HIGH FIBRE FOODS
Fibre is a type of carbohydrate that the body can’t digest. Though most carbohydrates are broken down into sugar molecules, fibre cannot be broken down into sugar molecules, and instead it passes through the body undigested. Fibre helps regulate the body’s use of sugars, helping to keep hunger and blood sugar in check.
Children and adults need at least 20 to 30 grams of fibre per day for good health. Great sources are whole fruits and vegetables, whole grains, and beans.
Fibre comes in two varieties, both beneficial to health:
- Soluble fibre, which dissolves in water, can help lower glucose levels as well as help lower blood cholesterol. Foods with soluble fibre include oatmeal, nuts, beans, apples and blueberries.
- Insoluble fibre, which does not dissolve in water, can help food move through your digestive system, promoting regularity and helping prevent constipation. Foods with insoluble fibers include wheat, whole wheat bread, whole grain couscous, brown rice, legumes, carrots, cucumbers and tomatoes.
So why do we need fibre in our diet?
There is strong evidence that eating plenty of fibre is associated with a lower risk of heart disease, stroke, type 2 diabetes and bowel cancer. So specifically, fibre can help
- Control your blood sugar. Because the body is unable to absorb and break down fibre, it doesn’t cause a spike in blood sugar the way other carbohydrates can. This can help keep your blood sugar in your target range. If you have diabetes, a meal plan that includes the right amount of fiber can help you manage your diabetes and reduce your risk of complications. Talking with a dietitian to help create a right diabetes meal plan would be best.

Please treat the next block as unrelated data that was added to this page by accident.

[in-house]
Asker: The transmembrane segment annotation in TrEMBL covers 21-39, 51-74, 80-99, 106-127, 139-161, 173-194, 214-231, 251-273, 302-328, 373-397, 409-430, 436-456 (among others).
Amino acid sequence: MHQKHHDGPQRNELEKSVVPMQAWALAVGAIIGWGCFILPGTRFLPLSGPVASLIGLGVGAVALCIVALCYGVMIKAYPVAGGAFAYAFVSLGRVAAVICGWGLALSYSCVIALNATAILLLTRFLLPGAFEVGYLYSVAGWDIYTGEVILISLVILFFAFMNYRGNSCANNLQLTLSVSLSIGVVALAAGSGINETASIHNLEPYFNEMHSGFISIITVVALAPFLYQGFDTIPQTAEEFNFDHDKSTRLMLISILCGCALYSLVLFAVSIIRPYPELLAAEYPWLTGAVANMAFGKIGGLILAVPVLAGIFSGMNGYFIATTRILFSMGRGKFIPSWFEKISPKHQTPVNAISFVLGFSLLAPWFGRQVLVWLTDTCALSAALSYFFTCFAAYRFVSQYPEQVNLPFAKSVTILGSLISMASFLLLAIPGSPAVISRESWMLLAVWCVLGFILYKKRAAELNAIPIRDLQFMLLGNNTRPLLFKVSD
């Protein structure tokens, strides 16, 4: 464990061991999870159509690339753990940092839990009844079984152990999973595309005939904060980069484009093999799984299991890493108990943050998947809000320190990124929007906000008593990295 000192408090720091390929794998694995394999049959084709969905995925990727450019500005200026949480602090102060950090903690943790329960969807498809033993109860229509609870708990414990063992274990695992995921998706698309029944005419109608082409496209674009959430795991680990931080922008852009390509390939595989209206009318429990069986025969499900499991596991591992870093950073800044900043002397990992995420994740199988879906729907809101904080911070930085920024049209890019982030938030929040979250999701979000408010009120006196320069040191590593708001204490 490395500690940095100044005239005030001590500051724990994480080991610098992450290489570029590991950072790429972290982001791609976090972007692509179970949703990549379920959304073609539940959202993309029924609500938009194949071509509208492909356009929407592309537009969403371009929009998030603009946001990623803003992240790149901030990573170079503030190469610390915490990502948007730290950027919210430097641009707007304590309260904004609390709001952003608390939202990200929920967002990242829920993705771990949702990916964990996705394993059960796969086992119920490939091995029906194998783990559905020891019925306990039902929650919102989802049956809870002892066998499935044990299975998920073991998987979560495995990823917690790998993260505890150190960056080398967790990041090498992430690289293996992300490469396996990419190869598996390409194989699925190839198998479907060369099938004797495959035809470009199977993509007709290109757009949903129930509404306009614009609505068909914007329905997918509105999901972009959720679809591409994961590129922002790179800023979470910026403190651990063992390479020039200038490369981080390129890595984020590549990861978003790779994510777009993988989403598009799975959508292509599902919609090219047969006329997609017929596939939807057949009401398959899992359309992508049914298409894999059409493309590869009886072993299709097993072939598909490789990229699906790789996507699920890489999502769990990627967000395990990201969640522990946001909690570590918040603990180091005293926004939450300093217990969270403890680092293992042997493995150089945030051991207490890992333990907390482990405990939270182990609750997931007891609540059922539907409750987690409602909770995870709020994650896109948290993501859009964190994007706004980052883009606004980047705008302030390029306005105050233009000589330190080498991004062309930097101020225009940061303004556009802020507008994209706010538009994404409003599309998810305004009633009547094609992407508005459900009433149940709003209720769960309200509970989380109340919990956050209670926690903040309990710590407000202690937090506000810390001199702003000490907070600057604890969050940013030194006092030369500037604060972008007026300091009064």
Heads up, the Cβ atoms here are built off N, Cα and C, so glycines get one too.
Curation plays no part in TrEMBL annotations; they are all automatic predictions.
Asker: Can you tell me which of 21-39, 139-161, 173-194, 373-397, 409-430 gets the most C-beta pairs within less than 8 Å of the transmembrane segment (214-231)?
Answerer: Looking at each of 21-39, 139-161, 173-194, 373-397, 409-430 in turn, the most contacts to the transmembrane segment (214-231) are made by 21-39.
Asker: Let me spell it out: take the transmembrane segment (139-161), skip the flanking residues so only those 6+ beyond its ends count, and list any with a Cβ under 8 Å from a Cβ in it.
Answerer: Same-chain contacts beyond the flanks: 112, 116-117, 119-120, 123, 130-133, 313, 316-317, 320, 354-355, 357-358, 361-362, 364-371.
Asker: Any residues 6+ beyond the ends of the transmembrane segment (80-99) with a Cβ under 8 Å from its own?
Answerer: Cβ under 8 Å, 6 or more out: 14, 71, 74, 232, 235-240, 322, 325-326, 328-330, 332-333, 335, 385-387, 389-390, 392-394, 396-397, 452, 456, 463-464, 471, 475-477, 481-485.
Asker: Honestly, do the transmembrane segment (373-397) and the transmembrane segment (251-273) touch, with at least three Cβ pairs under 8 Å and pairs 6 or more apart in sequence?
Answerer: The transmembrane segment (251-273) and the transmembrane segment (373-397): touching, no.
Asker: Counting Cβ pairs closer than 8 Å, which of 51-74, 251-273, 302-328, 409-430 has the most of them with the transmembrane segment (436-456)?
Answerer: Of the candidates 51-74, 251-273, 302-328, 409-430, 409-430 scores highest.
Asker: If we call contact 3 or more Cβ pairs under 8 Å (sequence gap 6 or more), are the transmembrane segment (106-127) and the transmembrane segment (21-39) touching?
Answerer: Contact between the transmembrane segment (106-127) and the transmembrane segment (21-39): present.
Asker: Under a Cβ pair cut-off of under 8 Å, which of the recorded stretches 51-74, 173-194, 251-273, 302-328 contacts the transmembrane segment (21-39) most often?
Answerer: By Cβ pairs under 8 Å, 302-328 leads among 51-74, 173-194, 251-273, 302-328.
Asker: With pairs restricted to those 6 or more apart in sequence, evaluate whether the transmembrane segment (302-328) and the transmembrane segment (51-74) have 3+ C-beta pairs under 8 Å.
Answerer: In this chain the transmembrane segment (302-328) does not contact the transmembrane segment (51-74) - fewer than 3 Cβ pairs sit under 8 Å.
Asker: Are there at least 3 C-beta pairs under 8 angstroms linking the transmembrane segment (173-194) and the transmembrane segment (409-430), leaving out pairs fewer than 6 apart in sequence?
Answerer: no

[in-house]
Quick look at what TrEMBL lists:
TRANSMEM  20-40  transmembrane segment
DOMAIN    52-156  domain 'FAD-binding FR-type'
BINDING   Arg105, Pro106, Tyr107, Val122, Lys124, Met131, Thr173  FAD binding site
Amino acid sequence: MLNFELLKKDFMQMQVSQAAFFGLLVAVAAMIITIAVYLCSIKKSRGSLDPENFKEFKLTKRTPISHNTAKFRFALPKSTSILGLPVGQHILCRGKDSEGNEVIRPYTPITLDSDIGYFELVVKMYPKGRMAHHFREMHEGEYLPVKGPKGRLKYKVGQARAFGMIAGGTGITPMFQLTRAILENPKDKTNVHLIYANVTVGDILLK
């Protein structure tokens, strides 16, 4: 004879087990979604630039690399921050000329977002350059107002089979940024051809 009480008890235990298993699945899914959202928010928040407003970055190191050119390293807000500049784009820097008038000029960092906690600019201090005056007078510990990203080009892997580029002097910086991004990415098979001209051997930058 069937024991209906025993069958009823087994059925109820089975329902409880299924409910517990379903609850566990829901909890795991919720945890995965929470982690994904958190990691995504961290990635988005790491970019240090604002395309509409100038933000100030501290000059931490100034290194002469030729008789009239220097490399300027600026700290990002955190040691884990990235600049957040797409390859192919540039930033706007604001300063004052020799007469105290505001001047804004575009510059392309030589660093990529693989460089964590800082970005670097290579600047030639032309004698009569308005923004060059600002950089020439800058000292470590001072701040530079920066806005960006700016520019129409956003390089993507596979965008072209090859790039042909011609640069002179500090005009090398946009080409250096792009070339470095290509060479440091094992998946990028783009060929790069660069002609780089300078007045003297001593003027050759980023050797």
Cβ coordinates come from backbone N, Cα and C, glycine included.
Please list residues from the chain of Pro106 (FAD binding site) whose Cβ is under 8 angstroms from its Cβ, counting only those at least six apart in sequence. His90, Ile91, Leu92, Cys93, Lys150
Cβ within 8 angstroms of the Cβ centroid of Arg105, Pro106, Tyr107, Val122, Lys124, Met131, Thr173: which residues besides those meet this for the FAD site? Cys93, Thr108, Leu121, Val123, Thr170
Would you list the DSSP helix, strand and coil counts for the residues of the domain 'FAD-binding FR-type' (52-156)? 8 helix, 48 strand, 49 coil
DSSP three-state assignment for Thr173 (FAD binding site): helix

- Protect your heart. Fibre prevents your body from taking in some fat and cholesterol, lowering your triglyceride and cholesterol levels to help reduce your risk of heart disease.
- Maintain your digestive health. Fibre acts like a scrub brush, cleaning your digestive tract. It helps clean out bacteria and other buildup to improve gut health and help reduce your risk of colon cancer.
- Keeps you feeling full and helps with weight management. Since fibre can’t be digested, it moves slowly through the stomach, making you feel fuller for longer. And many foods high in fibre tend to be low in calories, which can help with weight loss.
How to include fibre in your diet
It’s important to get fibre from a variety of sources, as eating too much of one type of food may not provide you with a healthy balanced diet. To increase your fibre intake you could:
- Choose a higher-fibre breakfast cereal such as plain whole-wheat biscuits (like Weetabix) or plain shredded whole grain (like Shredded wheat), or porridge as oats are also a good source of fibre.
- Go for wholemeal or higher fibre white bread, and choose wholegrains like whole-wheat pasta, bulgur wheat or brown rice.
- Go for potatoes with their skins on, such as a baked potato or boiled new potatoes.
- Add pulses like beans, lentils or chickpeas to stews and salads.
- Include plenty of vegetables with meals, either as a side dish or added to sauces
- Have some fresh or dried fruit, or fruit canned in natural juice for dessert. Because dried fruit is sticky, it can increase the risk of tooth decay, so it’s better if it is only eaten as part of a meal, rather than as a between-meal snack.
- For snacks, try fresh fruit, vegetable sticks (such as carrot, cucumbers, etc), and unsalted nuts or seeds.
Just remember to take things slow when adding fiber to your diet. A sudden increase in fiber can lead to uncomfortable digestive problems such as bloating, gas, constipation, diarrhea, or cramps. Drink plenty of water to help food move easily through your system.
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